It’s spring and motorcycles are back! However, with the mild winter we have had, in some locations, they haven’t left. Drivers now have to get used to seeing us on the road again. Recognizing that we are invisible to many drivers, we have to learn to accommodate this. We have to ride as though riding is a game of tag and everyone on four wheels is it.
I had a driver look straight at me – we actually made eye contact – and she pulled out right in front of me. Another time I was in the left most lane of a three lane road and I saw a driver in the right lane signalling to cross from where she was, across the centre lane and into my lane. I new she didn’t see me because her head never even twitched to the left, not even a hint of a shoulder check.
The craziest was when I was riding south bound in the right lane, just behind a vehicle who has in the left lane (not in his blind spot). There was a median between the north and south bound traffic. Two lanes going south and two going north. In the north bound lane was a fire truck travelling with lights and sirens. The traffic in the north bound lane would be compelled to move to the right to allow the fire truck to pass. However, in the south bound lane, since we were on a separate roadway, we were not compelled to move at all. The driver of the car panicked and, at the last moment, changed lanes to the right, cutting me off. I hit the brakes and changed into the left lane. Realizing that he cut me off, and I guess, not knowing for sure where I went, tried to go back where he came from, the left lane! By then I was beside him. I’m not a big believer that loud pipes save lives however, that day the sound of my bike gave the guy a start as he tried to cross back into my lane.
When it comes to riding there is no room for attitude on a motorcycle. We have to change our thinking. When we are going through an intersection in our truck and someone is about to make a left turn in front of us, we are in a position of power. We can think, “you’d better not do this our you’ll be a mess on the road.” On the other hand, if we are on our bikes and someone is about to turn left in front of us, the only threat we can make is, “you’d better not turn ’cause if you do, I’m going to smear myself all over your bumper.” Not much of a threat.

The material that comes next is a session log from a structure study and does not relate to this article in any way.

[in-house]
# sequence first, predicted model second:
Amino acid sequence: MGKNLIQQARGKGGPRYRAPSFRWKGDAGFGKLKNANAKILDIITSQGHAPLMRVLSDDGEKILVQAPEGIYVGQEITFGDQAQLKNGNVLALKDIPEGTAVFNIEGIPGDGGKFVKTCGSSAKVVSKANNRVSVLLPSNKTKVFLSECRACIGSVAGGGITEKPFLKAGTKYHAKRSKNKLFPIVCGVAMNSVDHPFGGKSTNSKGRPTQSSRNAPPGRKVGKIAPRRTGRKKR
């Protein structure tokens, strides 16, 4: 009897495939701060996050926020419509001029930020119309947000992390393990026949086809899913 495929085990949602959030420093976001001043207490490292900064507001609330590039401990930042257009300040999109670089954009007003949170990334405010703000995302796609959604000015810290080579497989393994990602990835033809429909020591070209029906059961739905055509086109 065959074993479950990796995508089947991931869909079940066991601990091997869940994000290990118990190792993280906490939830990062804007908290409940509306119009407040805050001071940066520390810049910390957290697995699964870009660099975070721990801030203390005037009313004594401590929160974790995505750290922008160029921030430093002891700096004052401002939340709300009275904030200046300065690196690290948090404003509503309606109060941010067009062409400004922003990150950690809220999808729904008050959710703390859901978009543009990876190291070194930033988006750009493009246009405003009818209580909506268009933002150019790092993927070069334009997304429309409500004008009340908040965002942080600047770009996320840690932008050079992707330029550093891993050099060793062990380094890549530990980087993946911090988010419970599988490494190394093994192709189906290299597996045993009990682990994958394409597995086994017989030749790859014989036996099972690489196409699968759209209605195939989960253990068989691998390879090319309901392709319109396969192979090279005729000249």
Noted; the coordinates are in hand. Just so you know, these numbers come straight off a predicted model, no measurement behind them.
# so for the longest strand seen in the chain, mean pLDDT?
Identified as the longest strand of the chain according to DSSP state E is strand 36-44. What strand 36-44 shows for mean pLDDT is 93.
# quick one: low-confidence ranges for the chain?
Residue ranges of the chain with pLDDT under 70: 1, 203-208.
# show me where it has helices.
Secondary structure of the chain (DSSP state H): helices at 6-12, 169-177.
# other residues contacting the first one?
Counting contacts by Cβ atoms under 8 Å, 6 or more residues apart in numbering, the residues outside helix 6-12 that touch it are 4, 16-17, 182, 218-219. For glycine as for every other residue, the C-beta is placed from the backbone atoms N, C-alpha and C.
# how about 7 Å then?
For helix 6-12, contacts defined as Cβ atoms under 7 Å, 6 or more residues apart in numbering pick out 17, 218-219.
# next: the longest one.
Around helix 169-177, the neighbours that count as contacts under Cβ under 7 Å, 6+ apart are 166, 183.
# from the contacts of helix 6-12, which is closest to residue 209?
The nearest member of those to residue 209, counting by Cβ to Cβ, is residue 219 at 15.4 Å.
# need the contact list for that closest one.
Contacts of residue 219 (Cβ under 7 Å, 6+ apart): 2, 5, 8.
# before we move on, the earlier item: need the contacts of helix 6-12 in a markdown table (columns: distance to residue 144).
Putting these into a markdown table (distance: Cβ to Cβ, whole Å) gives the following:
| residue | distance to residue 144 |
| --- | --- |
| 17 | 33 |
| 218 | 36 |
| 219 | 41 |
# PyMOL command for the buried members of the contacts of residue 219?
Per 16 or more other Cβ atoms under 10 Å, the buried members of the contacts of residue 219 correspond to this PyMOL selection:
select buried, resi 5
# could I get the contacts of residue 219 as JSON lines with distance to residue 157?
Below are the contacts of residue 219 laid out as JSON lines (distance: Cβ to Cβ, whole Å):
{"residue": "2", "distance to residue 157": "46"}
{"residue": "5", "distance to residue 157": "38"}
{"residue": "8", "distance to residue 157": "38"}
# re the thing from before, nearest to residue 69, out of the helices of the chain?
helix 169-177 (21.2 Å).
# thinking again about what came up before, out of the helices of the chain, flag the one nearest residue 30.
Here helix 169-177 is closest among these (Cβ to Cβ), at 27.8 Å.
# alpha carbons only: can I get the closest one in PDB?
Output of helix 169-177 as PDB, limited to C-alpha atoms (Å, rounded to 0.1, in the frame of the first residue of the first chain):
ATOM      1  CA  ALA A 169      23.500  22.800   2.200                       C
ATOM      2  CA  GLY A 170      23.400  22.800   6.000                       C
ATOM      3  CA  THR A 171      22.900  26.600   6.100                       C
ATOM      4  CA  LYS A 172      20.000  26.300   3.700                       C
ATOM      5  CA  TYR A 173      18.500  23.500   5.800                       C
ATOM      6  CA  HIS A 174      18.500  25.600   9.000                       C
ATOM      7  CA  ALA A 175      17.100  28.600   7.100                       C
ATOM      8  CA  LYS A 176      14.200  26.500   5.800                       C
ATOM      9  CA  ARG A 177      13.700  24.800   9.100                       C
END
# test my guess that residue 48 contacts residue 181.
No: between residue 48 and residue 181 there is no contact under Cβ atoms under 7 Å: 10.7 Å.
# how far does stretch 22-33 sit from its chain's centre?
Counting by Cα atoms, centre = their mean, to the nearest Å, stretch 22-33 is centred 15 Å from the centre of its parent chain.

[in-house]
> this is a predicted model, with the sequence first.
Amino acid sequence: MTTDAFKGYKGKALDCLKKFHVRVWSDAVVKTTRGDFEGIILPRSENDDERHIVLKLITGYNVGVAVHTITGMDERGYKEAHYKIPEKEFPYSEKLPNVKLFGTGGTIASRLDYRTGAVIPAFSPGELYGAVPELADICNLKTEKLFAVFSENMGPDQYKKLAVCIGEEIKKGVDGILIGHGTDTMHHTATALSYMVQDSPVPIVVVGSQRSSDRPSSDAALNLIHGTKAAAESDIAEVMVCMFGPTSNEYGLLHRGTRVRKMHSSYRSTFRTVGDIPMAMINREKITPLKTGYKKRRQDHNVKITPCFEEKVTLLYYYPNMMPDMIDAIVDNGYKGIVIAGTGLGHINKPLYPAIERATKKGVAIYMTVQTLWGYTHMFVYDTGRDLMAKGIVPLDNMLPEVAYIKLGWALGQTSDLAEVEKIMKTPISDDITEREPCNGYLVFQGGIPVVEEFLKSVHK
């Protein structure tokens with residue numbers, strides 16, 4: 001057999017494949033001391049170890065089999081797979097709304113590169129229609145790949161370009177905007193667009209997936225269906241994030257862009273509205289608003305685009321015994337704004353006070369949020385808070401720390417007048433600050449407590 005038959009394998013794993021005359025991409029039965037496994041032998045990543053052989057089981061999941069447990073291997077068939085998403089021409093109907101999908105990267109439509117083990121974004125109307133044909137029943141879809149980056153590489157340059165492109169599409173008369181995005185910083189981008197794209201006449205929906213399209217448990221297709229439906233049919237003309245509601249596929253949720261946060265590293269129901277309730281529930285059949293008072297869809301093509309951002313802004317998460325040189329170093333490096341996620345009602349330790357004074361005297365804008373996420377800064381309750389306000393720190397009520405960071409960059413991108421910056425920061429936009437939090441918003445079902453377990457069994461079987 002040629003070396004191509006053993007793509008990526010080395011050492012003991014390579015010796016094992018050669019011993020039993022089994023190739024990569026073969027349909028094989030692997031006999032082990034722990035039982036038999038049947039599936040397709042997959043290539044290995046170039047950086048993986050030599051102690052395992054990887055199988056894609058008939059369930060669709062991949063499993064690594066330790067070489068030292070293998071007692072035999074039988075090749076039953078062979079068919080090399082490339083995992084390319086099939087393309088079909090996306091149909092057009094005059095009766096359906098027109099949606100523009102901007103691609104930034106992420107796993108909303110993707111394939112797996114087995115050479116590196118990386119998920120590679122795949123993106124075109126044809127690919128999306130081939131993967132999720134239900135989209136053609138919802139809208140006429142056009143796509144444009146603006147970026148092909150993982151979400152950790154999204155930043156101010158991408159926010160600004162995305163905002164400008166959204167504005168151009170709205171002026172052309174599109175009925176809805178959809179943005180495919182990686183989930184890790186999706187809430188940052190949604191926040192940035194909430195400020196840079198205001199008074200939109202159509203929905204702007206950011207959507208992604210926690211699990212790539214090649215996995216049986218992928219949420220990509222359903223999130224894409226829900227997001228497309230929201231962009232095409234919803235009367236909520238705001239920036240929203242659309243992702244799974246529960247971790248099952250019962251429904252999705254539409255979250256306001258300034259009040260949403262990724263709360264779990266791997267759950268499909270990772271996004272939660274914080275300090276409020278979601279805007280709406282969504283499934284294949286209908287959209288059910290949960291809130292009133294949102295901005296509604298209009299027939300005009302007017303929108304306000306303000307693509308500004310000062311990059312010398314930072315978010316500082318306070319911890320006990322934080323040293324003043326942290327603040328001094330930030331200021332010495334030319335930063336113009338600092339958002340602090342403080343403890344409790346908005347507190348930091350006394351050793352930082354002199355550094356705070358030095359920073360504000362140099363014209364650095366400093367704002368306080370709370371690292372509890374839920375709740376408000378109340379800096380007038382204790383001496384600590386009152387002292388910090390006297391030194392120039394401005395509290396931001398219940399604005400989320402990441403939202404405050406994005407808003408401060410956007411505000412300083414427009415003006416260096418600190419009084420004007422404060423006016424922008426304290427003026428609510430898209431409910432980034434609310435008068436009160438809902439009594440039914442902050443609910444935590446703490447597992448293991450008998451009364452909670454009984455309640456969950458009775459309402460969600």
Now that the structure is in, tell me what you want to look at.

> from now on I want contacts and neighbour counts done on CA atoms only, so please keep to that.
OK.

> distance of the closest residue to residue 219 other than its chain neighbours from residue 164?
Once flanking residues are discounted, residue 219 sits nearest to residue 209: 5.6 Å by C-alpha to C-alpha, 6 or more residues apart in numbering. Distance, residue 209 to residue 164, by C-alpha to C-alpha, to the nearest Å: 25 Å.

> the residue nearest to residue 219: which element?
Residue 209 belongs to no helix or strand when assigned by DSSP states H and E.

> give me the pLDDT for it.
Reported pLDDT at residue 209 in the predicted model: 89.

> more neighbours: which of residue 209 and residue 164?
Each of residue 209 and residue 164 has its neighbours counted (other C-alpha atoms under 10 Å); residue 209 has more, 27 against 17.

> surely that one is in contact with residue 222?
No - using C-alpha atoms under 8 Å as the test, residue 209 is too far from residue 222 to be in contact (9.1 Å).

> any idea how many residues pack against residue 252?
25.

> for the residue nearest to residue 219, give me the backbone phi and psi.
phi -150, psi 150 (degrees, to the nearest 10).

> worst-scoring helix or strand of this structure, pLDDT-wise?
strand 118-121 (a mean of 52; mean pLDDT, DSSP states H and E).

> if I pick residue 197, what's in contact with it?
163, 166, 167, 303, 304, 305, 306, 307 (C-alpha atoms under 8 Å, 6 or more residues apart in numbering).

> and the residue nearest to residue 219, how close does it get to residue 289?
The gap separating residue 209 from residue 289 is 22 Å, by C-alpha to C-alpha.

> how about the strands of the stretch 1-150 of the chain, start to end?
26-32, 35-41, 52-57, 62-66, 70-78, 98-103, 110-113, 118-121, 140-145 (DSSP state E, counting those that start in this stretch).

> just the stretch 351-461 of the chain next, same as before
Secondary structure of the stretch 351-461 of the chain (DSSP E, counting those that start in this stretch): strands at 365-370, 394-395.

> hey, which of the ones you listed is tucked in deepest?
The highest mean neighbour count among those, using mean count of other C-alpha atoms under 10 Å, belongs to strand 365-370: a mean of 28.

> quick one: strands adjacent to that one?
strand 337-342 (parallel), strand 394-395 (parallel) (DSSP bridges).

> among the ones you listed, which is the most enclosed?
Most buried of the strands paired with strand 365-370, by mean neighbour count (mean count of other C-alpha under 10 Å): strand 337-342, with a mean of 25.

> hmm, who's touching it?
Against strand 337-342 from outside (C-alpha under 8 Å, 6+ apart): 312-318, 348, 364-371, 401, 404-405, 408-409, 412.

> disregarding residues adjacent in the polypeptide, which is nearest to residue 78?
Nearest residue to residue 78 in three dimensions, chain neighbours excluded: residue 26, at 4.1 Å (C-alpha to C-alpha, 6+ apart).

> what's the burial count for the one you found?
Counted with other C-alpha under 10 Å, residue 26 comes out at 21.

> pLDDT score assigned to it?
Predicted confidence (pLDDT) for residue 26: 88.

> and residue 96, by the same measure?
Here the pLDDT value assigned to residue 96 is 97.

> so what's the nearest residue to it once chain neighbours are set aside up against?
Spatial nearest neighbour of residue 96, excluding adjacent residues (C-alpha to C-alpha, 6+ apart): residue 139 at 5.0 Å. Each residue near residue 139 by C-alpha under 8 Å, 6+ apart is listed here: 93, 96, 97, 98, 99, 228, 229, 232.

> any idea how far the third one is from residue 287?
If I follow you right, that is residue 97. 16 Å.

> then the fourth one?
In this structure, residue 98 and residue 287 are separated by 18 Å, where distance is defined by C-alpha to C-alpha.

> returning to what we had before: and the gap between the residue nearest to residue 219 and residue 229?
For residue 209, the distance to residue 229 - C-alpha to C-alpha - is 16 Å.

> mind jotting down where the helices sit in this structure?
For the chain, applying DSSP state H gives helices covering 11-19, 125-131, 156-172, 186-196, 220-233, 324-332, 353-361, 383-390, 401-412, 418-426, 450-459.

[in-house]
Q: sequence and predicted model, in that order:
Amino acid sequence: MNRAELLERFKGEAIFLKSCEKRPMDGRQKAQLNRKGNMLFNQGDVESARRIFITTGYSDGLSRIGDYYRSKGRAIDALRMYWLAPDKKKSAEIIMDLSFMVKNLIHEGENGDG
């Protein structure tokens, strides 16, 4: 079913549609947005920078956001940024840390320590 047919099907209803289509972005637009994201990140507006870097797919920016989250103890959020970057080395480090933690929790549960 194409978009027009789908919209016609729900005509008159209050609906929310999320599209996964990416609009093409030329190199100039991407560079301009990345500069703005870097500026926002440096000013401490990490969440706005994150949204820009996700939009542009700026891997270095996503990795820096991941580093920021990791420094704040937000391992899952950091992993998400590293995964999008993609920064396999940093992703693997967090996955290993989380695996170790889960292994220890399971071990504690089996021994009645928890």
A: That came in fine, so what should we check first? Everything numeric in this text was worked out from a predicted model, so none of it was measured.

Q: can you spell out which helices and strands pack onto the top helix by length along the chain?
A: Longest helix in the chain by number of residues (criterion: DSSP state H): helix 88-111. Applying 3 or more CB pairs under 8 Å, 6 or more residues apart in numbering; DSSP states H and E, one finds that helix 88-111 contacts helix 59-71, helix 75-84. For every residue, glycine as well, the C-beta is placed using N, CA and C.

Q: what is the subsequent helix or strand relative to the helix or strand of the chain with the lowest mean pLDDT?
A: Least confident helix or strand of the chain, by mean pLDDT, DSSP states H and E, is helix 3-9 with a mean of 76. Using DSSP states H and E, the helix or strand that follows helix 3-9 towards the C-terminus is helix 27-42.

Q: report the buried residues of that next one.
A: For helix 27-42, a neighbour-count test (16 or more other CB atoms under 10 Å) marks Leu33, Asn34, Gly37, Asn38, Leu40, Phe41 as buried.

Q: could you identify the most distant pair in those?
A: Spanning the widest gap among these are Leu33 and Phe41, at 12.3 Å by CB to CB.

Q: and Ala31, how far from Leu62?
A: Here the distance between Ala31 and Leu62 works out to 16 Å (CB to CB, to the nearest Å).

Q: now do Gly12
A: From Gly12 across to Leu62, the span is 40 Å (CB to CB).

Motorcycles are back – Look twice for them!
Drivers tend to get lazy with some of the most important safety maneuvers. We look but we don’t see. Our shoulder checks are minimal or non-existent. If a car or truck can get lost in a blind spot, how much easier is it to lose sight of a motorcycle in one’s blind spot? Shoulder checks need to be done with purpose not just a passive head movement as one is already in the motion of changing lanes. On the other hand, bikers need to avoid riding in a driver’s blind spot. At intersections, as well, need to look with purpose. As the following video suggests, Look Twice for Motorcycles!
Bikers need to realize that sometimes people don’t see them and sometimes they are just plain hard to see. A small minority of bikers wear gear that really stands out from the rest of the environment. Because of this we can make it easier on drivers if we follow the speed limit. You can hardly blame the driver who checks his mirror, shoulder checks and then changes lanes running over the guy on the bike who was doing 90mph.
This is a video that I use during my driver training class. My hope is that it helps students realize that they are not the only ones on the road.